When Dae returned bearing her Pact Spirit, both of the young women knew it was something special. Alari was unspeakable proud of Dae. No one knew that they’d substituted the Pact stones for Dae’s spirit bonding. Dae was Alari’s secret weapon, and Alari wasn’t willing to share her with anyone.

At the same time though, secret weapons are all the more powerful if their secrets are kept hidden.

Alari dreamed of seeing Dae off for her first command. As a Pact Knight, Dae was expected to serve the kingdom in a great capacity than a simple handmaiden to a princess whose life had never been in even the hint of danger since her father’s reign turned bloody and cruel.

“If you call, for any reason, I’ll come,” Dae said, holding Alari’s hands in her own.

“You’ll have responsibilities,” Alari said.

“I have one responsibility above all others, one that I swore myself to before all others,” Dae said.

“Go with my blessing, and my love,” Alari said and kissed Dae on the forehead. “I don’t know where our paths will take us, but you will ever be my most trusted Knight and my most beloved companion.”

“I am yours to command,” Dae said. “Always.”

“Then I give you this one command,” Alari said. “Return to me. Whatever perils you face, whatever trials you must pass through, you are not allowed to die without me, and you are not allowed to be taken beyond when I may follow. Come back to me my Adae.”

“Whatever it takes,” Dae said.

Alari had never called for her though.

The dream moved on to the civil war which Alari provoked and the height of the fighting between the forces loyal to her cause and those who clung to her father’s dying reign.

Alari wanted so many times during the fight for Gallagrin to call Dae to her side. There were so many battles that would have ended in decisive wins, if Alari had called for her Knight and the forces which Dae commanded.

But then Paxmer would have invaded.

Alari knew that would be a problem with inciting a civil war. Gallagrin’s neighbors were universally hungry to consume its resources. The rich mountains of metals and gems which were the foundation of Gallagrin’s wealth and prosperity lay temptingly close to its borders.

The Kingdom of Senkin to the north and the Green Council lands to the northeast had enough internal problems that Alari knew they couldn’t muster the forces to mount a serious invasion attempt. Before she even began her revolt, she’d secured those borders through careful diplomacy and the promise of future trade relations.

Inchesso was old and stagnant enough that they lacked the capacity to invade even if they could find a common will to attempt it.

Paxmer however was another matter. Vigorous and primed for expansion, Alari had heard rumors for a long time of Paxmer plans to become the first of the Blessed Realms to conquer one of the other realms.

Relations between the two neighboring states had never been especially cordial and during the time of King Sathe’s rule there had been insults and indignities hurled across both sides of the border. Sathe had been the first to truly overstep the bounds of international decorum though when he had the chief ambassador from Paxmer drawn and quartered and then sent back to Paxmer in a series of separate boxes.

The beginning of hostilities in Gallagrin had sent a clear and unambiguous signal to Paxmer that their northern neighbor was entering the weakest state it had been in for decades and so the armies of Paxmer had formed up and marched on the border.

Alari had barely enough resources to contest for the future of the country against her father’s troops. Fighting her father and Paxmer would have been impossible and so she’d made the only call she could make. She’d left Dae in place, on the border, against the full might of the Paxmer army.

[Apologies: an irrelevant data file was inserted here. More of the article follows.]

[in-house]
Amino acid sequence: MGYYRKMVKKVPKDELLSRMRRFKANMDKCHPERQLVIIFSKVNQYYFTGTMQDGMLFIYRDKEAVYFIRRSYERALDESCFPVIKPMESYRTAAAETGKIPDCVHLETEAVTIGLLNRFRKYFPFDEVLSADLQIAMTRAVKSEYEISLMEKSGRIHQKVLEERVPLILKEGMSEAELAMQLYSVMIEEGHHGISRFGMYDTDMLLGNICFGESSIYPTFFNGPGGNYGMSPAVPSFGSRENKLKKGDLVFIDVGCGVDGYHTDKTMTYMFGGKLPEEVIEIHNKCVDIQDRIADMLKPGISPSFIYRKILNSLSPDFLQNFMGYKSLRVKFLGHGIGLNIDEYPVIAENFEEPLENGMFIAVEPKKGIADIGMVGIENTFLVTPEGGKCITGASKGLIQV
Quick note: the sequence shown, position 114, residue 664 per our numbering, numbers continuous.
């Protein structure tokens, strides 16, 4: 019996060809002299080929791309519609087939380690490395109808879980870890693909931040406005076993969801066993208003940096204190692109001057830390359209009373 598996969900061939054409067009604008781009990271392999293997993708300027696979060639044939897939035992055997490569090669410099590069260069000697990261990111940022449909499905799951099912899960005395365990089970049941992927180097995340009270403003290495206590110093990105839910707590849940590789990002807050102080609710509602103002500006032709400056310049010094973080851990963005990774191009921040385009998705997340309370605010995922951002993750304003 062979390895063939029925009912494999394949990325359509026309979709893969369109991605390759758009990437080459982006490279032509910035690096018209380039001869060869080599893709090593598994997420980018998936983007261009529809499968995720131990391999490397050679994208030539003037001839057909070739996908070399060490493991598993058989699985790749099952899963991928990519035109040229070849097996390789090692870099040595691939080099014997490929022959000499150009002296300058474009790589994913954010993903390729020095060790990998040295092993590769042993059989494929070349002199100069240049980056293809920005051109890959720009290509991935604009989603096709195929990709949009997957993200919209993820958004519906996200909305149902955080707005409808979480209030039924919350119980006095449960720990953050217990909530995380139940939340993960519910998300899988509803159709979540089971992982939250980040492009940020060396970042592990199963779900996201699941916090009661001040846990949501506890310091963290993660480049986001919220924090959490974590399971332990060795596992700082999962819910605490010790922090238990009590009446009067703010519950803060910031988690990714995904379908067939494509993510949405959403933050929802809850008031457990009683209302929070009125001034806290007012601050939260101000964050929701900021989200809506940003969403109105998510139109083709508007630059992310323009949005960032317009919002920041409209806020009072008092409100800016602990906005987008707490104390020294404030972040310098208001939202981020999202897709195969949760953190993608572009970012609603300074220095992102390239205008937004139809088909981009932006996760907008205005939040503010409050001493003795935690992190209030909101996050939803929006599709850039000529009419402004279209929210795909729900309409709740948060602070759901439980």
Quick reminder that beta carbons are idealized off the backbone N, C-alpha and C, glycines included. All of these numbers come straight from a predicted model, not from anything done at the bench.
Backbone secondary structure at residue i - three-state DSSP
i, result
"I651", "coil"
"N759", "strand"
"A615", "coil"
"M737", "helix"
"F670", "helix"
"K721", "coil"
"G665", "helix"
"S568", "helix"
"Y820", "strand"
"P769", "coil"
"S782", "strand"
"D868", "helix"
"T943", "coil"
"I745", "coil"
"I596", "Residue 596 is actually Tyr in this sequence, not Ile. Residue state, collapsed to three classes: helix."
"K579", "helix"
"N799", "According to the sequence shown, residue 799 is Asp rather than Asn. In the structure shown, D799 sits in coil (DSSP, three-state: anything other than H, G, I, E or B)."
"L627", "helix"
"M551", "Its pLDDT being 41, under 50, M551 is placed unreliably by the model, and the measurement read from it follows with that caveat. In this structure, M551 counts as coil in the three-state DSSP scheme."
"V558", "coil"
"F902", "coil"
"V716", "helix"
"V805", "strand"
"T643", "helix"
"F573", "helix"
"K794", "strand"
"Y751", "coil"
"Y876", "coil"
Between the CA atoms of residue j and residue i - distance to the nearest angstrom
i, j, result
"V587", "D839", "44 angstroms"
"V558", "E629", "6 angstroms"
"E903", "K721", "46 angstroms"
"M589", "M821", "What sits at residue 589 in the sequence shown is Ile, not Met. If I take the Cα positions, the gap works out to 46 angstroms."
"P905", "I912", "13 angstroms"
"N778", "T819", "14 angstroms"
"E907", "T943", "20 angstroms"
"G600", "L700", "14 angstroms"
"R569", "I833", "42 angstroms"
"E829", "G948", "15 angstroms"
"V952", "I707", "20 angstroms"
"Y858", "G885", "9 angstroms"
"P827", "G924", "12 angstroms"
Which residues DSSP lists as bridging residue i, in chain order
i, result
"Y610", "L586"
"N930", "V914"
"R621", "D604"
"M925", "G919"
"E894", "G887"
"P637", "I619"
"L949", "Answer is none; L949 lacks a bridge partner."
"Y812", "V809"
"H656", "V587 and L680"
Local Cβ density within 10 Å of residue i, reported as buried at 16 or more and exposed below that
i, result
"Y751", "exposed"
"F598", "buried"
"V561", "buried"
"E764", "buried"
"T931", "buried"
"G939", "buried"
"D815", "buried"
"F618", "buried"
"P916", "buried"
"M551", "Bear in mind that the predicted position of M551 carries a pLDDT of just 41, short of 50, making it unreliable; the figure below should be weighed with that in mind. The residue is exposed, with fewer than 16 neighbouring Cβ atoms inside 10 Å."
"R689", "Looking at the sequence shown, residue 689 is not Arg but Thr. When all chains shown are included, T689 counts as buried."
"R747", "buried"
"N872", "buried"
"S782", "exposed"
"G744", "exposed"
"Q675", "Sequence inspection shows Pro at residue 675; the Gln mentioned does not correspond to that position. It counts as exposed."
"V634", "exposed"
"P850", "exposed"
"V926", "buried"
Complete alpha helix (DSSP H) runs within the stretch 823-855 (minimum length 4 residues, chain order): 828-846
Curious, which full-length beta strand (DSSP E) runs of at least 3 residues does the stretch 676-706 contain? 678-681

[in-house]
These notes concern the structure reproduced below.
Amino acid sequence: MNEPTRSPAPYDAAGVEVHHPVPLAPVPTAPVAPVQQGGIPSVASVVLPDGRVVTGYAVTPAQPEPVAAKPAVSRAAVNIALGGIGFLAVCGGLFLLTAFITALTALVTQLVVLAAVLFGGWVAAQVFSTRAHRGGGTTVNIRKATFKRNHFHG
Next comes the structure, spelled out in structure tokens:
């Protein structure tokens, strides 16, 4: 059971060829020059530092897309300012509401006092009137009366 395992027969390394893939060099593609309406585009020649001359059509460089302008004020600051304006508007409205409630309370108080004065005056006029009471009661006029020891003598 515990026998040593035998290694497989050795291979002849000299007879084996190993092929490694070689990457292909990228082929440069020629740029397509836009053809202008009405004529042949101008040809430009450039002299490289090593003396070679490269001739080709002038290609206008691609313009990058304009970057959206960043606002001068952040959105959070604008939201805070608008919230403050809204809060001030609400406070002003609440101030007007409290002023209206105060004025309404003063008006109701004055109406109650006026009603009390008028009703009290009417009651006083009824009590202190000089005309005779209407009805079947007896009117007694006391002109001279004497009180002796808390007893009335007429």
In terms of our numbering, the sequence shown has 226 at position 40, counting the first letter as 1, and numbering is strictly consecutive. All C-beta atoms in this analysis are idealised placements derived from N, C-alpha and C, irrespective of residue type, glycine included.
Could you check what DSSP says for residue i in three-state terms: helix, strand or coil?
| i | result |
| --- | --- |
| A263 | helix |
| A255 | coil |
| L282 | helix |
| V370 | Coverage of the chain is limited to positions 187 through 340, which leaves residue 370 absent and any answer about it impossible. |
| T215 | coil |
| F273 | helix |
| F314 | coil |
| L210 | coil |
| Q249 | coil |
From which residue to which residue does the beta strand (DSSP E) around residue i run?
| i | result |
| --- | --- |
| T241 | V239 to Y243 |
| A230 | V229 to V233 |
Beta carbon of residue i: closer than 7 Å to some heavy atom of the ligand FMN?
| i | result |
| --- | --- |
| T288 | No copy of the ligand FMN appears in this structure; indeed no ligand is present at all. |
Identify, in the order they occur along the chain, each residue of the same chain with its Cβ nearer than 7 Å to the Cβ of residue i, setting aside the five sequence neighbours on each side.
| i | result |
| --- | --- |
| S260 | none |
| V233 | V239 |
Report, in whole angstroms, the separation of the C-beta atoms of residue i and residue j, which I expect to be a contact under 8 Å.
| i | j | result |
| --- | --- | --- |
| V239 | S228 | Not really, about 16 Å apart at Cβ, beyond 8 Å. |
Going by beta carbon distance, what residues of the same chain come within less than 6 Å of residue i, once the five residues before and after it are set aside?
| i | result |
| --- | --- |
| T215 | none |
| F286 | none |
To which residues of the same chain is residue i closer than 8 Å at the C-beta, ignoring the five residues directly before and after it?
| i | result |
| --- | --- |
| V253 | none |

Her dream shifted to imagination and she saw the border keep of Star’s Watch burning under the heat of dragon fire.

At the end of the civil war, Alari’s hands had been bathed in the blood of her father. They’d fought at the top of the tallest spire in Gallagrin, wrestled for control of the spirit of Gallagrin itself and when Alari had won, she’d torn her father’s head from his shoulders with her bare hands.

It was that image, the princess-become-Queen, striding to the parapets, her hands covered to the elbows in bright crimson blood as she held aloft the bodiless head of the former King which had marked the end of the civil war. It had also earned her the sobriquet of “The Bloody Handed Queen” but it wasn’t her father’s blood which she sought to wash away with every good deed she did and every kindness she could show.

In Alari’s dream, every drop of blood that ran down from her elbows to her fingertips came from one of the border people that she sacrificed to make her dream of ruling the kingdom better than her father come true.

In her dream, the spectre of Paxmer rose above the nation that she’d built. If Halrek hadn’t appeared late in the war and pledged his aid, Gallagrin would have entered the bloodiest war in its history as Paxmer devoured it while Alari tried to rebuild her forces in time to stem the tide of invaders.

In the end, Alari felt like she won her throne due to the gallantry of her Knight and the vision of her husband. Her own achievements somehow paled before the price that others had paid for her, and though she knew on an intellectual level that wasn’t entirely accurate, she couldn’t help but feel like it was an appropriate way to remember the events given all she’d attained in the process.

She was Queen in more than name. Gallagrin’s strength was her strength, but when she reached for that strength she found it was fading from her quickly.

The shock of that feeling allowed Alari to open her eyes once more.

She was back in her bed. Back in the royal chambers. Halrek was with her. He was the only one with her.

“You’re awake?” he said sounding neither surprised nor pleased. “There’s unusual strength in your blood.”

He walked to one of the tables and picked up a bottle she knew wasn’t one of hers.

“I’m sure you must feel terrible,” Halrek said. “No worries though, the chirurgeon has instructed that you be allowed to rest for the evening, so no one will be checking on you. No one except for the assassins who’ll be visiting shortly that is.”